Diecast Crazy Forums banner

Hallman: Caution for debris? Well, let's see it, NASCAR

244 Views 1 Reply 2 Participants Last post by  Keselowski2Wallace

Cars drive around the track during a yellow flag at a NASCAR Sprint Cup Series auto race Sunday, March 6, 2016, in Las Vegas. (AP Photo/Isaac Brekken)

BY RANDY HALLMAN Special correspondent
I have four words of advice for NASCAR.
Show me the debris.
It’s that simple. When debris on the track is cause for a caution flag, dispel the mystery. Show it to me.
NASCAR races frequently are slowed for caution periods because, the announcers and broadcasters tell us, “there’s debris on the backstretch” or some other portion of the track. Invariably, a caution period will be a blessing for some drivers, a curse for others.
Sometimes the reason for the caution is obvious. Some luckless driver has scraped the wall and dislodged a piece of his or her car. It’s on the track. It’s dangerous. It needs to be cleaned up.
Or perhaps a well-fortified fan has — on purpose or by accident — heaved a beer can over the fence and onto the racing surface. Again, there’s a legitimate need for the caution flag. (And, if the fan hasn’t lost consciousness, he or she should be escorted away from the action.)
Other times, the reason for the caution flag is not so obvious. Fans at the track or watching the TV broadcast are told there’s debris, but they don’t see it.
Not surprisingly, fans swing into conspiracy-theory mode. Who gets a break because of the yellow flag? Who was almost a lap down and is saved by the opportunity to make a pit stop for fresh tires?
Sunday’s race at Las Vegas Motor Speedway had a couple of debris cautions, and NASCAR treated them differently.
The first came not quite 100 laps into the 267-lap event. Television cameras found a plastic water bottle near the grass on the frontstretch. That seemed like a borderline call — not exactly a lethal object.
But NASCAR officials did something they rarely do — if they’ve ever done it before. They got word to the broadcast booth that no, the plastic bottle wasn’t the reason. There was a piece of metal on the backstretch.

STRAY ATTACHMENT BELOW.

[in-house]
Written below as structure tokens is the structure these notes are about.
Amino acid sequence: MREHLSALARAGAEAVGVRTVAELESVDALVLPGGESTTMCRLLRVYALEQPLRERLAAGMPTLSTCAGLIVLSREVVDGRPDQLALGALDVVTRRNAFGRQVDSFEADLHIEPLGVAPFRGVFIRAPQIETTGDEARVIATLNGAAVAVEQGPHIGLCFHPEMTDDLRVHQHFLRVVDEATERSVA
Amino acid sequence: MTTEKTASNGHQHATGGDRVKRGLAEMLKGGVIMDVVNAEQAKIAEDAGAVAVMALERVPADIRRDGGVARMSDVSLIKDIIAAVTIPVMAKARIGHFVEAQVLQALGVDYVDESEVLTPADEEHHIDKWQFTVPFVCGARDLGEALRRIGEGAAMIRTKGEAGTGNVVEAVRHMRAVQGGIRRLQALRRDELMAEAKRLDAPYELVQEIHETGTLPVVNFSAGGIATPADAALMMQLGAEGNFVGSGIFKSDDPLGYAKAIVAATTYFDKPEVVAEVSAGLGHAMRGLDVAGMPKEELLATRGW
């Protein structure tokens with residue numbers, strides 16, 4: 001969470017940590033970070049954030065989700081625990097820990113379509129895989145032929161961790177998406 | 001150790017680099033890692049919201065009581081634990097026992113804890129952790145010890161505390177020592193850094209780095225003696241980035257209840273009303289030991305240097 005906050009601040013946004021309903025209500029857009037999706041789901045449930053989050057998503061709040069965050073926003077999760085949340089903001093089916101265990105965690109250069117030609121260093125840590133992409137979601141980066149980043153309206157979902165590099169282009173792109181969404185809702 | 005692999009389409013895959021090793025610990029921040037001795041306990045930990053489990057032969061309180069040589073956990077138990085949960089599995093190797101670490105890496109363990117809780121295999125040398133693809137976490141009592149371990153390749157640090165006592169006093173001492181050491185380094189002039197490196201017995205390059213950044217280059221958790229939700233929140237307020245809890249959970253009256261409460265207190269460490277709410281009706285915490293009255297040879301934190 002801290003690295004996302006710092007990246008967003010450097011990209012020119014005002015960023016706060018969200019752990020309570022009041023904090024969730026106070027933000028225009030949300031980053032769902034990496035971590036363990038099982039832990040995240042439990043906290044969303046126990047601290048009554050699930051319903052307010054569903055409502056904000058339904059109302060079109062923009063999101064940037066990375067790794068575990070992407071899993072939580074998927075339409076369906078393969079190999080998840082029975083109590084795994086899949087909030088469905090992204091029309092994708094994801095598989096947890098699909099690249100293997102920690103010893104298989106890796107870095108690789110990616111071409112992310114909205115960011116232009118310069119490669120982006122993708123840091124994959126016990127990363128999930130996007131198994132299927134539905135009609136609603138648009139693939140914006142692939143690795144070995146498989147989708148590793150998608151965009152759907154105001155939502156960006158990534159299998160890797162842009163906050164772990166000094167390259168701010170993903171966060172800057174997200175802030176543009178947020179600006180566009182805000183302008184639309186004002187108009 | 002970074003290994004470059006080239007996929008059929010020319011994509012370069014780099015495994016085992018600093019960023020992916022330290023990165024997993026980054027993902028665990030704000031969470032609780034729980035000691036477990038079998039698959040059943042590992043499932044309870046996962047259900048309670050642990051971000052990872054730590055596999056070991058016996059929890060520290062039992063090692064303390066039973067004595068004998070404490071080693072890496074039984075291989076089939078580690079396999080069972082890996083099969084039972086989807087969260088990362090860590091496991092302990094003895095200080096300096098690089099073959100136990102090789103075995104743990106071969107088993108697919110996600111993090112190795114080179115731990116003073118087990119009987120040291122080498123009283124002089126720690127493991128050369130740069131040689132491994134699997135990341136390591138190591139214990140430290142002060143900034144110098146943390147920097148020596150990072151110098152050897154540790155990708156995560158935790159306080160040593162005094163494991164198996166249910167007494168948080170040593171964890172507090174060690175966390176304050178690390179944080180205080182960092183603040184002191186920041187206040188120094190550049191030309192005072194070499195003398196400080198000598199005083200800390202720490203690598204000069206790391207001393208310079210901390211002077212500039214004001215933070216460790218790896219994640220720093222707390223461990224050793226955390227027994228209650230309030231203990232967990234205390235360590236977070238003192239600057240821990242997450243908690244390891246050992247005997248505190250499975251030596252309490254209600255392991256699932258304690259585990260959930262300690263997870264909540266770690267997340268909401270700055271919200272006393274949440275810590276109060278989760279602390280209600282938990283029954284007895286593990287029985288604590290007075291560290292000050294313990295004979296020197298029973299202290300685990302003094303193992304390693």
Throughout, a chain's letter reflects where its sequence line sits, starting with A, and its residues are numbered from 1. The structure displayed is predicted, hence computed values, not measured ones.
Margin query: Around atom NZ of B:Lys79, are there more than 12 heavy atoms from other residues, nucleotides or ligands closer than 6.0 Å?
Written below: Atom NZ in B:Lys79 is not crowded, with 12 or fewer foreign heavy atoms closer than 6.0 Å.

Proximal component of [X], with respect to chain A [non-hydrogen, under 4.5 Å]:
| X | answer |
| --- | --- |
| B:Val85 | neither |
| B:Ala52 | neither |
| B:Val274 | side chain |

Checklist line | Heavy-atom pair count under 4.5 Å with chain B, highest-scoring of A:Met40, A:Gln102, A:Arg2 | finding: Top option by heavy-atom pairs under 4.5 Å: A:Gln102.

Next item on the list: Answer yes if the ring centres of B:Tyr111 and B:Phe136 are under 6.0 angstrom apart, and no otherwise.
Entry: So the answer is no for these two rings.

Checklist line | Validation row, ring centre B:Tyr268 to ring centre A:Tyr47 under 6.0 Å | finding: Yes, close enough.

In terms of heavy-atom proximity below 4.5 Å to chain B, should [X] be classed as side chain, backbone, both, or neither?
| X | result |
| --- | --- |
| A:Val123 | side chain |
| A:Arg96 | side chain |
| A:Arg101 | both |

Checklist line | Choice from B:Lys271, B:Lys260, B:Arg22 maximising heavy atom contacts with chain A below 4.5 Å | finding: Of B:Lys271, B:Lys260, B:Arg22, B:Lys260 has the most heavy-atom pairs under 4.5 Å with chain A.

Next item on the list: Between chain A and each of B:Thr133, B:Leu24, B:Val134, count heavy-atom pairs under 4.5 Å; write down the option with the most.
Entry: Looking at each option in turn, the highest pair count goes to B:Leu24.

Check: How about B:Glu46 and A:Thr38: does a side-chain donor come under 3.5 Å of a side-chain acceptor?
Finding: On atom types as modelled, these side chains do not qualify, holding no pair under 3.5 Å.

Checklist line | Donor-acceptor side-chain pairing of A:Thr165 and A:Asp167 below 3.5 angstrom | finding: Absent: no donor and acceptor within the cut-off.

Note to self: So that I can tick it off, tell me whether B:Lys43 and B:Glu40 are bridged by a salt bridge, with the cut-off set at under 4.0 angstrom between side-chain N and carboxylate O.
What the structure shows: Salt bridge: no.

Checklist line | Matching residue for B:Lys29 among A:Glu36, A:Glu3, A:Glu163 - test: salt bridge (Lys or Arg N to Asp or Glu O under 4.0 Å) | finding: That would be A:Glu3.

And I thought: Show me the debris.
It wasn’t that I didn’t believe what was said. I just wanted to see the offending piece of metal. Where did it come from? Was it something that might mean a car was crippled? Show me.
The TV audience didn’t get to see the debris in question. The race went on.
Later, another debris-caused caution was allowed to remain a complete mystery. TV cameras didn’t show us anything. NASCAR didn’t provide specifics. It seemed race leader Jimmie Johnson might benefit, since second-place Joey Logano was closing the gap at the time.
This is hardly a new phenomenon. When I was a motor sports beat writer in the 1970s and ’80s, the press box professionals got a great kick out of mysterious debris cautions, especially the ones that tightened a race that was starting to put people to sleep.
Some of the sports writers had their own routine for such occasions.
“Sacre bleu!” one would say in a woeful attempt at French.
“Zut alors!” another would say, “the great French driver, Monsieur Debris, has spun out once again. What terrible misfortune!”
Reporters and fans everywhere, then and now, regard the cautions with skepticism, if not contempt.
But Sunday’s first debris-caused yellow flag made something clear. NASCAR doesn’t have to suffer the skepticism. Show me the debris.
If the TV cameras don’t have the right angle, no problem. Just take a photo with a cell phone. Send it to the TV crew, tweet it, Instagram it, Snapchat it, Facebook it (what am I leaving out?).
I asked a NASCAR operative familiar with the process about this. Who makes the debris caution calls? And why not have photo proof of the debris?
The guys in the race-control tower make the call, I was told. NASCAR has spotters around the track on the lookout for debris, among other things. Sometimes drivers call in, lamenting there’s debris that needs to be tended to. NASCAR weighs such calls. Does the driver need the caution, and is the debris a mere hot dog wrapper?
I also was told the clean-up crews in their pickup trucks are on a mission to clear the track as quickly as possible, making it safe to return to racing. They don’t have time for selfies with a piece of metal.
To which I replied, add a teenager with a smart phone to every crew. Within five minutes, the teen will have the image available to the TV broadcast team and posted on every significant social media platform.
Show me the debris.

Hallman: Caution for debris? Well, let's see it, NASCAR
See less See more
1 - 2 of 2 Posts
NASCAR has spotters around the track on the lookout for debris, among other things.

That is completely BS statement. I looked all over turn 4 at Atlanta and did not see one by the outside wall, or inside wall. I did happen to see 3 officials on the Outside fence just into turn 3 that stayed there the entire race. so from what I saw AT atlanta, there was no Spotter in turn 4.
1 - 2 of 2 Posts
This is an older thread, you may not receive a response, and could be reviving an old thread. Please consider creating a new thread.